How to handle musty crawlspaces - Carolina Country

How to handle musty crawlspaces

By Hannah McKenzie

How to handle musty crawlspaces

Q: My parents' home occasionally has a musty odor when I visit. They spend a lot of time indoors and seem to have gotten used to the smell. I'm worried that it could affect their health or the quality of their home. I suspect the vented crawlspace is causing the smell. Is this issue relatively easy to fix?

Yes, this can be easily fixed by stopping the water that supports the biological growth giving off that musty smell.

Take a peek into the crawlspace. Depending on the layout of the house, you might be able to see quite a bit without crawling inside. If you see standing water, you'll need to figure out where it is coming from. You or a brave friend will need to explore the crawlspace to determine if the water is from a plumbing leak, groundwater or a recent rain event. If there is no plumbing leak or obvious groundwater problem, head outside to find other ways water is getting inside.

From the exterior of the house, make sure that the soil touching the foundation walls slopes away from the house. You never want standing water next to the foundation, and you especially don't want it pouring in through a foundation vent.

Next, walk around the house looking up. Are there gutters? Are they clear of debris? Are they connected to each other and secured to the house? Make sure that the gutter is connected to the downspout. Is there a downspout extender that takes the roof water at least five feet away from your house? Check for clogs in underground drain pipes with a water hose. Unless you're a wiz at math, my final question is best answered in the rain: Are the gutters and downspouts adequately sized (e.g., is the rainwater flowing in the gutters or flowing over them like Niagara Falls)?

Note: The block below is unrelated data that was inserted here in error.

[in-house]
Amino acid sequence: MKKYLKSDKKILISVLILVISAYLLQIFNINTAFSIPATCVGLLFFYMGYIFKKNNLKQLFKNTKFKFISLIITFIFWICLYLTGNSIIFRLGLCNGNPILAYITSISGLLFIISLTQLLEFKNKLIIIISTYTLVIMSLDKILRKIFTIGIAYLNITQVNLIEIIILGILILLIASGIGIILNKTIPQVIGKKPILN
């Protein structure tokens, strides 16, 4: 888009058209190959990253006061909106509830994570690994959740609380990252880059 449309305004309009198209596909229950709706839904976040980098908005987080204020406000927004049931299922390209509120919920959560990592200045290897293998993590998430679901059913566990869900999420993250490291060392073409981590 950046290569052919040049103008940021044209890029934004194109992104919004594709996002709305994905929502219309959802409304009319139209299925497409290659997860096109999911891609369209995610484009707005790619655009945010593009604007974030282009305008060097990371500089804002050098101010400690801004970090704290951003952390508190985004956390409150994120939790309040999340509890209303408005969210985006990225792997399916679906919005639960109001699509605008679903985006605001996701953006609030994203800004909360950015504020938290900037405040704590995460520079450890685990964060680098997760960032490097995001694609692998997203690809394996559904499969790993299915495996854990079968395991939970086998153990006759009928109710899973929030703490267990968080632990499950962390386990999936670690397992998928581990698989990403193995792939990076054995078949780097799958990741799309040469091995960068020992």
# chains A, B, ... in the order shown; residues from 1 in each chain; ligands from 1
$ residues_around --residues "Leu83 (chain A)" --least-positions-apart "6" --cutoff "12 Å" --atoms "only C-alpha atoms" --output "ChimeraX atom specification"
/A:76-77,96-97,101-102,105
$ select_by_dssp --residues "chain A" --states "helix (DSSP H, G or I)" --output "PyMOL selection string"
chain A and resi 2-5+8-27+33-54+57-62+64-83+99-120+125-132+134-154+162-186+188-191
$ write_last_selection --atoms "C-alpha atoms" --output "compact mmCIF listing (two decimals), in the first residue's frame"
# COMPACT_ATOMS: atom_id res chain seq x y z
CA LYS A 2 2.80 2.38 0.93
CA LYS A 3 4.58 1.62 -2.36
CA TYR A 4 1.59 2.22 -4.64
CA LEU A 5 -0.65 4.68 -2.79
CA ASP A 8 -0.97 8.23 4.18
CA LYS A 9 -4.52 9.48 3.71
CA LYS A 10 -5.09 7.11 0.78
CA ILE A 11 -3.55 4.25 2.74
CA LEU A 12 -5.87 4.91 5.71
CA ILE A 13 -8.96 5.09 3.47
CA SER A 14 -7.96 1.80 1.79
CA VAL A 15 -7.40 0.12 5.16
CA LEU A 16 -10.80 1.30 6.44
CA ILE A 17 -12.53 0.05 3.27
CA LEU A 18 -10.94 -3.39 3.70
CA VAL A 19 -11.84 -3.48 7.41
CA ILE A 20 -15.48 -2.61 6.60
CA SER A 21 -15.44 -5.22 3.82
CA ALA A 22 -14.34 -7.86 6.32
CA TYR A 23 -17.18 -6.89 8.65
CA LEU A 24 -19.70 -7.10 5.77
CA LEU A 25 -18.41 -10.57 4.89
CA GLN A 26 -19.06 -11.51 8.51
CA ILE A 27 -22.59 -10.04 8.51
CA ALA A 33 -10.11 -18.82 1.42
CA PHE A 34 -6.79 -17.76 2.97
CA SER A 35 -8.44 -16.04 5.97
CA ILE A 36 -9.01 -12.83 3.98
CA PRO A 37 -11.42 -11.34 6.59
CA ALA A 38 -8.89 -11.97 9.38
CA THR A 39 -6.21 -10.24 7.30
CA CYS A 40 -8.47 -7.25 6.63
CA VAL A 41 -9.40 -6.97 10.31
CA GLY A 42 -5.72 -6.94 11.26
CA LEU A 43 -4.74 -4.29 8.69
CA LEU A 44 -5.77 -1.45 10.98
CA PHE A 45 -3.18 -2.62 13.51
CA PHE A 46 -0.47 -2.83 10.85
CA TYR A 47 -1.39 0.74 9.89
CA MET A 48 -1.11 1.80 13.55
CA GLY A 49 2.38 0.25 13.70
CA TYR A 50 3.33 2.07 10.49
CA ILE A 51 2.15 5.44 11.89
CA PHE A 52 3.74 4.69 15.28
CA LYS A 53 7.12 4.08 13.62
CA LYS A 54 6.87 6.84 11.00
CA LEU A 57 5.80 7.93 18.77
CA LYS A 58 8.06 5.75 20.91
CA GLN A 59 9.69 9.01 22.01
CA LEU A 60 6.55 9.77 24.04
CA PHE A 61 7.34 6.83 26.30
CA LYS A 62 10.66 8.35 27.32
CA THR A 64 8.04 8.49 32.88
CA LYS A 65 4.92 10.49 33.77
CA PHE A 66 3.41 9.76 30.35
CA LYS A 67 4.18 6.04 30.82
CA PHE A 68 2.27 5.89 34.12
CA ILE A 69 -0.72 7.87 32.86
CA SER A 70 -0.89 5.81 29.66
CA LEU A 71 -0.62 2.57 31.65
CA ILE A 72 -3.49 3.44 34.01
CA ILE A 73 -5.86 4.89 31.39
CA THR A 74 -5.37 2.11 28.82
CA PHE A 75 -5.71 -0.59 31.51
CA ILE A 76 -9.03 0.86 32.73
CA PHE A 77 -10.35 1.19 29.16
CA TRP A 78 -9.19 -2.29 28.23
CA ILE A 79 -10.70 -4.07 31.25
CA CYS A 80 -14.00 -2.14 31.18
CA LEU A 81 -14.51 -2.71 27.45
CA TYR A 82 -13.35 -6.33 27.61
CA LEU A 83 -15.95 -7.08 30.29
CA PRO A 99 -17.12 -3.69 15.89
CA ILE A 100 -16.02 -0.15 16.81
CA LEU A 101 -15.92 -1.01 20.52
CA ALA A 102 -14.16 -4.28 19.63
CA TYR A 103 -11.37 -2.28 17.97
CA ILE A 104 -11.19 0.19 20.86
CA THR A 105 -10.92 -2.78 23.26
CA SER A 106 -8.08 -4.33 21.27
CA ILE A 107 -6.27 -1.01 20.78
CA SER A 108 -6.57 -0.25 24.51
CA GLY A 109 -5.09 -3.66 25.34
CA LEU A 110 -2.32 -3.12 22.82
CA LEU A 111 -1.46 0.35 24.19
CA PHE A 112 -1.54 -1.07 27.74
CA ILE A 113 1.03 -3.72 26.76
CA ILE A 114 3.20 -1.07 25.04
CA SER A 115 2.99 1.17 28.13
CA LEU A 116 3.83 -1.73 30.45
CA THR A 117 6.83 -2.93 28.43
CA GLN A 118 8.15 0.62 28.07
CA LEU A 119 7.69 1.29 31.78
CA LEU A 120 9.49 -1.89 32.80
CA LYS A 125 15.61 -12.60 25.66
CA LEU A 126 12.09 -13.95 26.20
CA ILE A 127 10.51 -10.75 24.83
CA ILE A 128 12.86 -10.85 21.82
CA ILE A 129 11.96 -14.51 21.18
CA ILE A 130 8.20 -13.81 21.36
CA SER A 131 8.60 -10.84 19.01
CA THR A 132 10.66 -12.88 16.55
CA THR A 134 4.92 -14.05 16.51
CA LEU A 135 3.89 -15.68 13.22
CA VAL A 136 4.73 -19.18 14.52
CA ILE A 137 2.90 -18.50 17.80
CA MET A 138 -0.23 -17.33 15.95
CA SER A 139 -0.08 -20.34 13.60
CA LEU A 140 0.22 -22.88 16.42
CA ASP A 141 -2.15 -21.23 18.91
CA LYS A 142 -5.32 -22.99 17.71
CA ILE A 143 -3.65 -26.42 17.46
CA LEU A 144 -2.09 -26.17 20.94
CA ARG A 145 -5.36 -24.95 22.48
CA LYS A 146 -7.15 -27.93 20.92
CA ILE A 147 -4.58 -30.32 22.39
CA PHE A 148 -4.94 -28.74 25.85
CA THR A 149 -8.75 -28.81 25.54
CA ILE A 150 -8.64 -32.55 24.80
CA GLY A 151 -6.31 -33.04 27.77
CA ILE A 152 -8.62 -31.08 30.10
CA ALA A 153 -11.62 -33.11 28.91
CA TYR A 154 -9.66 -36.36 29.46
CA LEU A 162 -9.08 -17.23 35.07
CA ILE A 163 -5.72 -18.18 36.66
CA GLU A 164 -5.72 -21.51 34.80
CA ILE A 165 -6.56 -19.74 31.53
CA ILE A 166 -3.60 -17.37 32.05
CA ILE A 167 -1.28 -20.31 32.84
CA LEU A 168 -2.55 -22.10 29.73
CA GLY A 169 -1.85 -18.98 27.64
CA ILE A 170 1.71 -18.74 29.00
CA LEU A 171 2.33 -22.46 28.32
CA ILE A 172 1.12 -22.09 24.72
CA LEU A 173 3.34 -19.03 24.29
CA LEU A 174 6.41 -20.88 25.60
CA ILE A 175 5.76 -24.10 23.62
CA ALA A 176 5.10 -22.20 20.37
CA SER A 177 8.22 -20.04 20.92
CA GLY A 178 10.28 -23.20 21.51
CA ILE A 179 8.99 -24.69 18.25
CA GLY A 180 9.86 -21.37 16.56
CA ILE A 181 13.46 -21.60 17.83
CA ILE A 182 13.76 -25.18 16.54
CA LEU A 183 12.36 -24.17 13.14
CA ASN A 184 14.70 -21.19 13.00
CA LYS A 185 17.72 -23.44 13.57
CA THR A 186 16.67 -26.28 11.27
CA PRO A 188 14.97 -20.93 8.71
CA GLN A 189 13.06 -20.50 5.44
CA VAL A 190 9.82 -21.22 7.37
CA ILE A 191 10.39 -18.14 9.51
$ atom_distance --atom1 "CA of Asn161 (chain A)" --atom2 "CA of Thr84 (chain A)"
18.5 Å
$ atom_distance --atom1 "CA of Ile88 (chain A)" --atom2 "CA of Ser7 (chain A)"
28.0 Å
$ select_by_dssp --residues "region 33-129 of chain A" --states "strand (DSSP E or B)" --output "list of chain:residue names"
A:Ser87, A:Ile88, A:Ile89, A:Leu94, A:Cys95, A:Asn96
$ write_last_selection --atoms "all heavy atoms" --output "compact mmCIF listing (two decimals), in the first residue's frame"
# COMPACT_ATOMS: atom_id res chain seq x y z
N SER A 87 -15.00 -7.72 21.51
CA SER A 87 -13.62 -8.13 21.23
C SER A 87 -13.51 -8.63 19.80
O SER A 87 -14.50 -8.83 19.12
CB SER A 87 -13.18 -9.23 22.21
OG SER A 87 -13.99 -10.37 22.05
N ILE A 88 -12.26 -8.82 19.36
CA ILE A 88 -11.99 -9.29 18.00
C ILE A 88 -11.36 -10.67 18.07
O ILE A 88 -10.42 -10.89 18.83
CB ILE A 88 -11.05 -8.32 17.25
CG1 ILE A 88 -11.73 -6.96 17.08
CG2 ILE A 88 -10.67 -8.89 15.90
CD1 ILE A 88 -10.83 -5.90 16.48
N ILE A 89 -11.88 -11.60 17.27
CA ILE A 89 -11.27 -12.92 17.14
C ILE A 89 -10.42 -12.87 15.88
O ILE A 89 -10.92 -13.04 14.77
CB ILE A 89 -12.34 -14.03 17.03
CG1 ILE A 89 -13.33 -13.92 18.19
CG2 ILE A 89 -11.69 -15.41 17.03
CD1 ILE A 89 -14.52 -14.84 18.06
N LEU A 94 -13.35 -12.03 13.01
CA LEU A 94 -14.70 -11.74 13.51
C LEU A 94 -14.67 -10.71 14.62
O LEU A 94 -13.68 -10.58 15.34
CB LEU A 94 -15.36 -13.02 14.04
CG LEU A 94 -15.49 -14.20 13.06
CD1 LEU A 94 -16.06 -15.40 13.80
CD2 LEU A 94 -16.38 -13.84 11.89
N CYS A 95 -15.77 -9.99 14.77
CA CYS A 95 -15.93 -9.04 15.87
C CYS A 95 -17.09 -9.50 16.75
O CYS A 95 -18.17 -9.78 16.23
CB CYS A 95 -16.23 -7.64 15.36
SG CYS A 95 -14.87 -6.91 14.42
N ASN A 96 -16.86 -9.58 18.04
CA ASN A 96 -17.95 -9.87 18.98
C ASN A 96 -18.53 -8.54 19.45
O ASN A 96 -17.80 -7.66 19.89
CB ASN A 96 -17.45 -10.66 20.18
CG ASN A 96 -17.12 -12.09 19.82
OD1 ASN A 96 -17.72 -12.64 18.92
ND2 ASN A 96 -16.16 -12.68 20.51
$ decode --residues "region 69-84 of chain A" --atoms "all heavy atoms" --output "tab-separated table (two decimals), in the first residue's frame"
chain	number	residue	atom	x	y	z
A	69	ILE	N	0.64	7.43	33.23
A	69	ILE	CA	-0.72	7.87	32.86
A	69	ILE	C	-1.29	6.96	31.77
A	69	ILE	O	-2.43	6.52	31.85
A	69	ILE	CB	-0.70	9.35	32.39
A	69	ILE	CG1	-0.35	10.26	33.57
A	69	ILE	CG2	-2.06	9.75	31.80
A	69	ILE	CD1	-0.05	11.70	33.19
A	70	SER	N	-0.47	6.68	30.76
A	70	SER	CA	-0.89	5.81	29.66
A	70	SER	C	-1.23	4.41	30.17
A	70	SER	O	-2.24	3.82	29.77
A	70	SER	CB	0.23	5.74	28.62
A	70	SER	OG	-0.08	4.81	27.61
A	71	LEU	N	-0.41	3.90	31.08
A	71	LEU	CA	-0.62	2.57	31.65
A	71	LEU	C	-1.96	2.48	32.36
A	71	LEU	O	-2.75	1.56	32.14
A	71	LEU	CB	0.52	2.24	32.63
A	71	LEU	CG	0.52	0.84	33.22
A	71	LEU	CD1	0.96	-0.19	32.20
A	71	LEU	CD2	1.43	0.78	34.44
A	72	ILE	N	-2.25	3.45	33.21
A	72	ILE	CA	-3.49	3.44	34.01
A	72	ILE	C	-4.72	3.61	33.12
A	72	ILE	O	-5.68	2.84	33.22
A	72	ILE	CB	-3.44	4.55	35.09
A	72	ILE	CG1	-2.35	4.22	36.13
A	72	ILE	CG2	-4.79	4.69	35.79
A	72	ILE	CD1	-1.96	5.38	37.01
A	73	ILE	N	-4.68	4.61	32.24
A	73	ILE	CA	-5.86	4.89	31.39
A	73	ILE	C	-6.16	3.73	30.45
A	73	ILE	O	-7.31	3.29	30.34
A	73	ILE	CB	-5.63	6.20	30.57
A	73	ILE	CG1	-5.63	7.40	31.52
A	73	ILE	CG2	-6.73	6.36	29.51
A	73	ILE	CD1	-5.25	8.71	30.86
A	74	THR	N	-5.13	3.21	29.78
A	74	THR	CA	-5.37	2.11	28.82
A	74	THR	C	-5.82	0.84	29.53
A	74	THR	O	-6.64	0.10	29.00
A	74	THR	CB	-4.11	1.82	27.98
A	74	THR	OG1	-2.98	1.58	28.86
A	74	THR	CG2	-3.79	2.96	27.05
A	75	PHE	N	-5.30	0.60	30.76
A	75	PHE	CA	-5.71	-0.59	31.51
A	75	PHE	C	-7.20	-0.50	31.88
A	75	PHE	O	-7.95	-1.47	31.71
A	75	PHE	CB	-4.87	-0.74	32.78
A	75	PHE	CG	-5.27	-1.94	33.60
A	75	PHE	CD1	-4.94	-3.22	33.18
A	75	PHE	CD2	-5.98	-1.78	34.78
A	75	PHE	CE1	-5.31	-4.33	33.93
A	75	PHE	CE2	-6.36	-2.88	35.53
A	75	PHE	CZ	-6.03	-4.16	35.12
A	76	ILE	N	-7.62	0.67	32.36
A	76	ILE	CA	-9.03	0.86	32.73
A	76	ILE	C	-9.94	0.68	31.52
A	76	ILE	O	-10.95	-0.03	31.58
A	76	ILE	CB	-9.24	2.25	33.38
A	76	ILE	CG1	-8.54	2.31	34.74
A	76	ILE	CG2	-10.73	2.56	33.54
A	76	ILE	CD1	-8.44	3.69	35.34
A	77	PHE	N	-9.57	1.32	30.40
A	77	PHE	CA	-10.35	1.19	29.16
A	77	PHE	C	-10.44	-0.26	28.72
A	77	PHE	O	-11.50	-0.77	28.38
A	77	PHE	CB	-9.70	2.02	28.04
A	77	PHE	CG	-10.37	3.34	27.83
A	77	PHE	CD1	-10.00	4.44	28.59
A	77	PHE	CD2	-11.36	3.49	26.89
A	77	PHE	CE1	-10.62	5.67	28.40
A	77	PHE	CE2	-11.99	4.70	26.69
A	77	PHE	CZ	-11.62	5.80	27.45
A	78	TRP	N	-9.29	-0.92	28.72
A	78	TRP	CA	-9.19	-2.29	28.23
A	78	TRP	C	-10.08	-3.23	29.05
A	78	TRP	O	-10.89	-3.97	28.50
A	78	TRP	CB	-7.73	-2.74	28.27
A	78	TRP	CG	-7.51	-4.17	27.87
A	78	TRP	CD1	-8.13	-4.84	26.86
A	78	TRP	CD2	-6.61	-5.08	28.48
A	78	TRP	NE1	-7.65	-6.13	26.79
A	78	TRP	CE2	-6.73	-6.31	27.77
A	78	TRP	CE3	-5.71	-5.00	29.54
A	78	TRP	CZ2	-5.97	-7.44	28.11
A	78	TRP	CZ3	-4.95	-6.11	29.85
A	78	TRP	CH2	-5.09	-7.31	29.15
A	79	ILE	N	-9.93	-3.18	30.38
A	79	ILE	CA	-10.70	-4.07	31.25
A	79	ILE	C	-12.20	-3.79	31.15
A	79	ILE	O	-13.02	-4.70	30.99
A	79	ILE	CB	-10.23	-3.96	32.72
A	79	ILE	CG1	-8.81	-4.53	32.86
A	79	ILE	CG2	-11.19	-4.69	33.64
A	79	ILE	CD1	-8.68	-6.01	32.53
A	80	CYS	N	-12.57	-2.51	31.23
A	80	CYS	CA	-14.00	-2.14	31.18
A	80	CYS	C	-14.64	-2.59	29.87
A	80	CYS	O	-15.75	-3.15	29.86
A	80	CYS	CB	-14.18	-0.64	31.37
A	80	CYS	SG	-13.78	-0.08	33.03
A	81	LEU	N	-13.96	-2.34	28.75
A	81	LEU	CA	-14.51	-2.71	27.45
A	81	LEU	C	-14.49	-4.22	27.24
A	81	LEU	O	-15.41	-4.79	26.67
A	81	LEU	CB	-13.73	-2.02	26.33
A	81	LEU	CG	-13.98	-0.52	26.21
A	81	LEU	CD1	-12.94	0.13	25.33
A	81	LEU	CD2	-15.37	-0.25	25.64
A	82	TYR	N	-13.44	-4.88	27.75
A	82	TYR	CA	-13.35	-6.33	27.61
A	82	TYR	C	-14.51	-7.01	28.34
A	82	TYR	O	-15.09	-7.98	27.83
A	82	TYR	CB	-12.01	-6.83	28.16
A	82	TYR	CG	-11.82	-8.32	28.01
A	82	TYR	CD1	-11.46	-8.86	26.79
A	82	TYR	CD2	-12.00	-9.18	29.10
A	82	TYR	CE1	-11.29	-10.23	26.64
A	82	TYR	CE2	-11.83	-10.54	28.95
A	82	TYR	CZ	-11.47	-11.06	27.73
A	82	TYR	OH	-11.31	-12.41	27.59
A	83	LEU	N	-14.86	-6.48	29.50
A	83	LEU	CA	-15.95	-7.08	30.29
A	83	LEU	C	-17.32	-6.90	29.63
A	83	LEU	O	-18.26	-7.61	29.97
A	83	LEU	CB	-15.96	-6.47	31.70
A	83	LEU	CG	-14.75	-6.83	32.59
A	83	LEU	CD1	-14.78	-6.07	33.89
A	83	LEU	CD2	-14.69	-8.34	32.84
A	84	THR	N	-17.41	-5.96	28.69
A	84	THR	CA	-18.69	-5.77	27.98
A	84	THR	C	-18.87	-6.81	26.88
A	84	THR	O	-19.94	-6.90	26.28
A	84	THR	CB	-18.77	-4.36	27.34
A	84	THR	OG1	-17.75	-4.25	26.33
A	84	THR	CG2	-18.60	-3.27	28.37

It also wouldn't hurt to take a peek into the crawlspace after a rainstorm to see if there is standing water beneath the house.

The solutions to liquid water vary for every home. My home needed a few wheelbarrow loads of soil in a few spots to make the ground slope away from the house, gutter extenders to prevent miniature ponds at the end of each downspout, a few gutter repairs and my dear husband emptying pine needles from the gutters regularly. Some homes may need protection around crawlspace vents to keep rain from flowing into the crawlspace. Other homes need more intense grading, a drain around the perimeter, a sump pump to remove groundwater build-up, or a plumber to fix a long-term leak. Bigger issues are best solved by a trusted contractor.

Once liquid water has been addressed, you can move on to minimizing the water that you can't see: air-transported water vapor. The soil under nearly all homes in North Carolina has moisture in it. If the crawlspace floor is dirt, you should install a vapor retarder throughout the entire crawlspace. The term may sound technical but the material is not: six millimeter or thicker plastic on a roll. Seams should be overlapped a minimum of 12 inches and taped. The vapor retarder should also extend at least six inches up the foundation wall and piers. I prefer visiting crawlspaces that have slightly thicker plastic and are secured to the ground. This minimizes the potential of damage from cable guys, plumbers or a building scientist.

While you're going through the trouble to minimize moisture, make sure that you're not providing housing to wildlife — vents should be properly screened and access doors secured. Funny smells can also come from rotting carcasses and animal droppings.

Limiting the moisture that feeds the musty odor will also help keep the wood floor structure drier and minimize the need for future repairs or replacement. Eliminating standing water next to the brick or concrete block foundation wall will also ensure longer durability of the structure.

There are several other opportunities for improvement when eliminating liquid water and minimizing moisture in a crawlspace. We'll jump into those items next month. Until then, happy hunting.

About the Author

Hannah McKenzie is a residential building science consultant at Advanced Energy in Raleigh who specializes in working with nonprofit developers like Habitat for Humanity to make new affordable housing energy efficient.

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